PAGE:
There is a strange connection between art and humans–it is impactful and humans feel various kind of emotions when stimulated to an art style in the form of movement, visuals, and sound, etc. Knowing what inspires the artists to create the art is equally inspiring.
We talked to Monica Williams, a Bay Area flutist who has donned multiple roles of a performer, composer, and teacher when it comes to music. She has released her albums too, and her music has been recognized by various prestigious Awards organizations.
We talked about her interest in music, what inspires her and other things.
Well, I started my music training in the 6th grade when students were signing up for a band. I had not really had any exposure to it beforehand so it was really just something new to try. I picked the flute because I had heard the ‘Peter and the Wolf’ by Prokofiev as a kid, and remembered the flute as a bird. And that instrument seemed to suit me. Well once I got my flute and started practicing I was hooked, I would spend hours and hours in my room just playing.
2. You have worked as a session artist and as a composer as well. How has that experience been?
I love being in the studio! There is a lot of pressure. You want to get everything as beautiful as possible, but you have to do it under the clock. This is a situation where time is money. So actually I feel more pressure working as a session musician on other peoples projects. I want to make sure their vision is realized and get it as quick as possible at the same time! Doing ‘Journey of Tears’ was my most positive studio experience. John Herrera at Clamsville Productions put me at ease so we could truly create. Of course, having amazing musicians in that album also truly helped. Sherry Finzer joined me on ‘New Horizons’ on bass flute, while I played Native American Flute. It made for such a nice musical conversation. Darin Mahoney played guitar on two pieces- is wonderful artistry really made it inspiring for me to work with. And Alexa Nadramia added her ethereal vocals to the last track; she really set the mood of the track. I was so fortunate to be able to work with all of them.
3. What inspires you the most when it comes to creating new music?
My most rewarding creative process comes to me in one piece. I usually start out with an improvisation. Listening to the flute and the emotion and feelings I want to convey. I think the sound of the flute itself inspires me, I like to start with one note, and listen to the timbre and texture, then the melodies and harmonies flow. I am fortunate to own over 90 flutes, and I feel like each flute has a story to tell. That is the beginning of a new piece- and I feel as if it is a true gift- and love to share it with others.
4. You also teach music, Does that improve your own skills?
Yes!! I feel like a good teacher is always learning as well. We are never done learning until the day we die. I listen to my students. And try and understand the struggles, inspirations, and goals of every student. Teaching is the art of explaining something 100’s of different ways until the student can find a way to connect to the musical idea. In that process, I also learn new ways to create. I also find the process of teaching very rewarding, so I have a wonderful work to life balance- which helps the creative process as well.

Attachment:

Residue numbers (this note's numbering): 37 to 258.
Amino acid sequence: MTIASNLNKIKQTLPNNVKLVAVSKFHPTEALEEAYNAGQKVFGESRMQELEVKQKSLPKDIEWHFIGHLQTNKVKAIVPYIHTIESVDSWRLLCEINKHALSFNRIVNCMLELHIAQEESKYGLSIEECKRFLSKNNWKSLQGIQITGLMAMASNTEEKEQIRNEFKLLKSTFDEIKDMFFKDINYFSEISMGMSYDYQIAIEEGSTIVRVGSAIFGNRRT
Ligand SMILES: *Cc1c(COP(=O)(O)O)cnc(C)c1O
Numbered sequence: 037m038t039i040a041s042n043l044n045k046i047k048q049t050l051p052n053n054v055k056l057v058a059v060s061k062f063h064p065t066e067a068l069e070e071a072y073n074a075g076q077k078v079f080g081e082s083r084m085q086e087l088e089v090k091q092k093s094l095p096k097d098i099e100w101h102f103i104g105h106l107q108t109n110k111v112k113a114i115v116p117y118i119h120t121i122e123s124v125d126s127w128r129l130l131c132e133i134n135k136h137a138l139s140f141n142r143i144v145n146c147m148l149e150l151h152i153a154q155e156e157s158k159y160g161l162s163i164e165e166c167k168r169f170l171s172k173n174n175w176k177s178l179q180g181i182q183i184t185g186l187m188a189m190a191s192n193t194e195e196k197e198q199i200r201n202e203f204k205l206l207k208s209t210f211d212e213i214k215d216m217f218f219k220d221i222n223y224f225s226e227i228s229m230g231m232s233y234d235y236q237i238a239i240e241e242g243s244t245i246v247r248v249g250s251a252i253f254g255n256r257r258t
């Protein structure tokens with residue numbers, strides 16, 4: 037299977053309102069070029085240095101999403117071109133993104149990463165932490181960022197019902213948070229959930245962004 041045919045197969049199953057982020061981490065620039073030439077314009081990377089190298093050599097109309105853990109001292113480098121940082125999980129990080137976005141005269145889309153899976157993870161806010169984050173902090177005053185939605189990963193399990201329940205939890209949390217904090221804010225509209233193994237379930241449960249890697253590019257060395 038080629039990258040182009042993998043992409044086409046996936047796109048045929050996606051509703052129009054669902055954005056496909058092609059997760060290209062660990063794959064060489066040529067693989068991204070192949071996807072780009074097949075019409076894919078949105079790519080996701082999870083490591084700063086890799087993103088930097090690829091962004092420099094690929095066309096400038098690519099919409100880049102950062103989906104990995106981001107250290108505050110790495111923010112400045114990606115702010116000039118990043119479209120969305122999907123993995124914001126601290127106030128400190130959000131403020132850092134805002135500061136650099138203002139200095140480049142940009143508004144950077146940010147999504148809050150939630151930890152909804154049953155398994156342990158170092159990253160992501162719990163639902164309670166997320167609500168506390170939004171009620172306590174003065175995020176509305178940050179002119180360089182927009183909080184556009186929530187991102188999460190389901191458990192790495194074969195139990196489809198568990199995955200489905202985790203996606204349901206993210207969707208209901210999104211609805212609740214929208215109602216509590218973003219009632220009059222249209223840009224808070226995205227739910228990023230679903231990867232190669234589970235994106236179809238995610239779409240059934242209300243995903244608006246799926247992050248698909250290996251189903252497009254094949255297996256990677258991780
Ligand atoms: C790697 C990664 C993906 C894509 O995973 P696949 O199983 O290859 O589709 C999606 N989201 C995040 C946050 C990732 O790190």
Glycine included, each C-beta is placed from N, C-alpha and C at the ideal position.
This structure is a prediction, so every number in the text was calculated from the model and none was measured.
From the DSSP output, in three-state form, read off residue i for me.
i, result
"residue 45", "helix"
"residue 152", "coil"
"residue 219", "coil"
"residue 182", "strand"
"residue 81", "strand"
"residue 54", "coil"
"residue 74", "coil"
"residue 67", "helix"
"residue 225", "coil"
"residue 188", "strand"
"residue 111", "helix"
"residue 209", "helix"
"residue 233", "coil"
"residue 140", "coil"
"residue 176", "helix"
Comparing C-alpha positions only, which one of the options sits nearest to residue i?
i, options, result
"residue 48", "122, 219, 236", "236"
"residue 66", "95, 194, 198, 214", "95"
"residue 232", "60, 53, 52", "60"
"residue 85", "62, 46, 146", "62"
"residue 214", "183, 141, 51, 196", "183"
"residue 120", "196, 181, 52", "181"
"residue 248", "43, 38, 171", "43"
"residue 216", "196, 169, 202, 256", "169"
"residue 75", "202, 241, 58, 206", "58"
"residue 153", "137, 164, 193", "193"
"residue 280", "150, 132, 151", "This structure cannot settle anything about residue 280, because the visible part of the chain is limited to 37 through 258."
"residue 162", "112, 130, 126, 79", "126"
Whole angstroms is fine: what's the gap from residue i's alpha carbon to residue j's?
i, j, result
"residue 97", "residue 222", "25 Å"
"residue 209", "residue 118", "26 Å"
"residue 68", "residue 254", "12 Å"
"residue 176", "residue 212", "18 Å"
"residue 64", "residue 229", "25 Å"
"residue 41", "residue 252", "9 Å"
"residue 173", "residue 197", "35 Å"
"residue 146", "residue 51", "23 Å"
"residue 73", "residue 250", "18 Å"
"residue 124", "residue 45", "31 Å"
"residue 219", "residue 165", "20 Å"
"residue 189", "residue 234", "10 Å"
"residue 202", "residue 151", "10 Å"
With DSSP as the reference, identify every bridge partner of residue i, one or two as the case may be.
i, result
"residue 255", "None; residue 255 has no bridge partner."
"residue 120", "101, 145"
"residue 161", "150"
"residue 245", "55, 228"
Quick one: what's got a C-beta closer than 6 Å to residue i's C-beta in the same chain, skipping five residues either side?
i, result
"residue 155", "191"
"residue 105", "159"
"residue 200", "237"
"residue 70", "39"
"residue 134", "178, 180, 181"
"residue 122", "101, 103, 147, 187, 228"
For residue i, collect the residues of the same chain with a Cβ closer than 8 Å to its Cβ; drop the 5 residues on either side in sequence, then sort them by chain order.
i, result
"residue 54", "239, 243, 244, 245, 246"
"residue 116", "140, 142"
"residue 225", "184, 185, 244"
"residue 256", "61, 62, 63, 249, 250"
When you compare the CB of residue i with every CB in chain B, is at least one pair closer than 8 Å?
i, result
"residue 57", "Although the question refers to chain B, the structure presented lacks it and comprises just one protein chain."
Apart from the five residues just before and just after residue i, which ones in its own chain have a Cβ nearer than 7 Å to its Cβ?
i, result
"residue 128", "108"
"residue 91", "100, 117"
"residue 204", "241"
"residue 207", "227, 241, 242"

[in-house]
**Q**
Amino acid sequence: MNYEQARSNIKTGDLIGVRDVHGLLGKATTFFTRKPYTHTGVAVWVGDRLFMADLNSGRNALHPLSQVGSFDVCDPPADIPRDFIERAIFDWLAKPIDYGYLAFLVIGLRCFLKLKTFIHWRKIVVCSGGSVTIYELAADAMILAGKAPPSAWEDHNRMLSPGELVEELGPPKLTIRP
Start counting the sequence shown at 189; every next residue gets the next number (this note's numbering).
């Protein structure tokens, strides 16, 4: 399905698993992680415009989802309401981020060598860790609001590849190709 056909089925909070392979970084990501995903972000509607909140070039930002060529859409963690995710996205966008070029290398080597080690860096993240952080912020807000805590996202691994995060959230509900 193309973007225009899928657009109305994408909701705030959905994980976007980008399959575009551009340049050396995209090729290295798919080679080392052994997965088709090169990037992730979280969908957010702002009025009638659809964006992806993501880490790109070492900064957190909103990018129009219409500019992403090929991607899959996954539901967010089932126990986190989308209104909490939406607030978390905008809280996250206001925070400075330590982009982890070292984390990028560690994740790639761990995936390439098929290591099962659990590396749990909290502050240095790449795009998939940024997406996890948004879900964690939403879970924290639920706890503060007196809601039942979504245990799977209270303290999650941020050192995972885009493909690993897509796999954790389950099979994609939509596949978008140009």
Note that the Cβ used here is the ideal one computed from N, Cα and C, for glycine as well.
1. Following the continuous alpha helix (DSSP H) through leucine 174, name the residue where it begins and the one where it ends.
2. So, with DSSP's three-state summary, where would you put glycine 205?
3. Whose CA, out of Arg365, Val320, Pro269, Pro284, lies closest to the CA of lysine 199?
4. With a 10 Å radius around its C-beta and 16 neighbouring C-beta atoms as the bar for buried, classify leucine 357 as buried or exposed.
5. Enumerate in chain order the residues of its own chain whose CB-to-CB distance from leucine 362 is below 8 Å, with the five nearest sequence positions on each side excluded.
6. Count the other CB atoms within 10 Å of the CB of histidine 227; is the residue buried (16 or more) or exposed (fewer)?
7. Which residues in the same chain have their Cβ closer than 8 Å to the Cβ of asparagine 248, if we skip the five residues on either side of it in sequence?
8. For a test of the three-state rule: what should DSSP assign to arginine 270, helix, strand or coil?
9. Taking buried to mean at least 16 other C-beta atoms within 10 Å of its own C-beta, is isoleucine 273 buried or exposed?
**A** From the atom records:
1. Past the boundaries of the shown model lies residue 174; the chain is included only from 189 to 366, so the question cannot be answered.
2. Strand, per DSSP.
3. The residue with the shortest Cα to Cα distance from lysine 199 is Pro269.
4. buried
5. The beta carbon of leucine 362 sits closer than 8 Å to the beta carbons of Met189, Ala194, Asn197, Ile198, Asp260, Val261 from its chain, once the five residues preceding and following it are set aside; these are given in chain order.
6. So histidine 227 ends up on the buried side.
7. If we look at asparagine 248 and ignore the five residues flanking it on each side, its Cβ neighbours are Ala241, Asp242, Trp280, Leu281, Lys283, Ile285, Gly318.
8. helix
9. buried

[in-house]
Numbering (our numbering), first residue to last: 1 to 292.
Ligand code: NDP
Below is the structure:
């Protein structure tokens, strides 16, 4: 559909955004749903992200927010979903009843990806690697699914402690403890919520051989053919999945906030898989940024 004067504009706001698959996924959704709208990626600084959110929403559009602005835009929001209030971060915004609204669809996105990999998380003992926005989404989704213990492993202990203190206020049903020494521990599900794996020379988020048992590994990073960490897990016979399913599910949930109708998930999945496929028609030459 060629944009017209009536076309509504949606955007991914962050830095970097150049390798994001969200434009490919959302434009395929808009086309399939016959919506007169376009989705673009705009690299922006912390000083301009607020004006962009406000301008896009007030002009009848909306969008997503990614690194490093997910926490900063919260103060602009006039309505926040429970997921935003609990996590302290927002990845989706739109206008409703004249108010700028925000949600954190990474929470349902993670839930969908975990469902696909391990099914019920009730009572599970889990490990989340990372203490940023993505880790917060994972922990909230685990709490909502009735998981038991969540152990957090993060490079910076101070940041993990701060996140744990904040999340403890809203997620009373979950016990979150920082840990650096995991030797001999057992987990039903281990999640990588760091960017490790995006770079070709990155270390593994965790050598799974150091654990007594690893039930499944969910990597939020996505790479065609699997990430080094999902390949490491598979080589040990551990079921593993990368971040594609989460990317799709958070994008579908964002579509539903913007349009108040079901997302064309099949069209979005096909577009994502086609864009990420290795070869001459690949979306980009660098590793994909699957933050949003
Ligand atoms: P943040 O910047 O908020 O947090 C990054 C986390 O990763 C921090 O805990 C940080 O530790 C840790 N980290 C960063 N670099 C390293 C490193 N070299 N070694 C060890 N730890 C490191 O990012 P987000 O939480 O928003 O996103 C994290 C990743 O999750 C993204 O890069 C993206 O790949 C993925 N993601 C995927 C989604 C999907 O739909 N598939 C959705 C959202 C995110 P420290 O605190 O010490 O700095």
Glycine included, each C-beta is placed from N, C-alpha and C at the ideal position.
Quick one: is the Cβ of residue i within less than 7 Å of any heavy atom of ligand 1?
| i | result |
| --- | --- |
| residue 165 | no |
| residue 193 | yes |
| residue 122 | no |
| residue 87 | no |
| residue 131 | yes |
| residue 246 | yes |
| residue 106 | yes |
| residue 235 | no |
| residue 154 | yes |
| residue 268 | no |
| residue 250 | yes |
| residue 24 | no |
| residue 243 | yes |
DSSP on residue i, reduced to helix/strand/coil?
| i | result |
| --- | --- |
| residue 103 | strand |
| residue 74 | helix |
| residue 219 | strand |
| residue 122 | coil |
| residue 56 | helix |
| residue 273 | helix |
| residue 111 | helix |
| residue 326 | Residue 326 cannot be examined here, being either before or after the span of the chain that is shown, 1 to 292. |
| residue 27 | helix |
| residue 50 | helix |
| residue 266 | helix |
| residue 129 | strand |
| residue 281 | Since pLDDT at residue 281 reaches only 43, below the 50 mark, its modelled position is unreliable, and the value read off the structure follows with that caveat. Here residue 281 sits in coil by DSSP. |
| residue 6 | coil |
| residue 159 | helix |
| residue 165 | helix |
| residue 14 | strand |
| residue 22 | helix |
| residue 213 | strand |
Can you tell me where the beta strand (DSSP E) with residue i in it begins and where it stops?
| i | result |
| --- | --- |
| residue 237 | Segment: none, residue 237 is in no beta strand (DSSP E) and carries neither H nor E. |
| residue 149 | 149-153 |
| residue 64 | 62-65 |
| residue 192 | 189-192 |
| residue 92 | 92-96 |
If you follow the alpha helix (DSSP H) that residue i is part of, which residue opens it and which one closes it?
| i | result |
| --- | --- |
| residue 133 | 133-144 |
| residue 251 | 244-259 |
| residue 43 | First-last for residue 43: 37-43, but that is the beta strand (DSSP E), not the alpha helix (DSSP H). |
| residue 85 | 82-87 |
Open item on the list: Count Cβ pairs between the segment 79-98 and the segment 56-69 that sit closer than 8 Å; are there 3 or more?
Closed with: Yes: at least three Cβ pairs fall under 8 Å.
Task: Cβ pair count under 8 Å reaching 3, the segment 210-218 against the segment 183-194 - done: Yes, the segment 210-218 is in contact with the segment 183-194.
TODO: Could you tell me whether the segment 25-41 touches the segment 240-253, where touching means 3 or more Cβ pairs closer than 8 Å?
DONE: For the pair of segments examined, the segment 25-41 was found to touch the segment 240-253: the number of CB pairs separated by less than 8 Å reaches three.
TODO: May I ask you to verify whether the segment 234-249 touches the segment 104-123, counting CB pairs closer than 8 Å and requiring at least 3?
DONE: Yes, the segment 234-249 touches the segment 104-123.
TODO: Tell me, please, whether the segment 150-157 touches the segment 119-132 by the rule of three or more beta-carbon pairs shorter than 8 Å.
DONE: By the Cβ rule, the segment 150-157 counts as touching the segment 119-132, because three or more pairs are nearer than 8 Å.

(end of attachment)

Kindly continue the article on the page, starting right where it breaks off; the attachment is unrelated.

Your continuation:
5. Besides recognition and awards, what gives you the most satisfaction about your music?
Well lets face it awards are nice, LOL.. But really the stories of how others are connecting to the music are very rewarding. This is my first solo album, but I have worked with other ensembles in the New Age/World genre. Some of the stories were very powerful. We had someone tell us that they used some of the music in a playlist during their child’s birth and others that used it at the moment of passing. Music can be healing and hearing these stories is better than any award!
6. Share an incident were music helped get up again after facing a certain difficulty?
Well, there are many times. As I mentioned I believe music is healing. After a loss, whether it is a death or breakup there is often trapped emotion. I have often said that words are not my medium, music is. Right after a loss even playing music can be too much energy to handle. This is especially true for me because music is my work and passion all in one. So I will usually start by listening to a relaxing playlist or artist until I can get my bearings. (Heart Dance has many relaxing playlists for this). Then usually after a short period of time, I will be inspired to play again. I can then channel that emotion through the flute. Sometimes a great piece can come from that. ‘Raining Tears’ is an example of this. I wrote that piece after a long time friendship had dissolved. It was my expression of that loss in a musical form and was very healing.
7. Any message or advice for our young musicians?
Always follow your dreams! Music is very hard to quantify. It will always be subjective. You will have people that will love your music and you will have your fair share of critics. Learn to embrace that. Take only the advice that
resonates with you, and stay true to yourself. Try and surround yourself with positive people that lift you up. At the very least get rid of the people that are trying to pull you down. Believe in yourself, and dream big!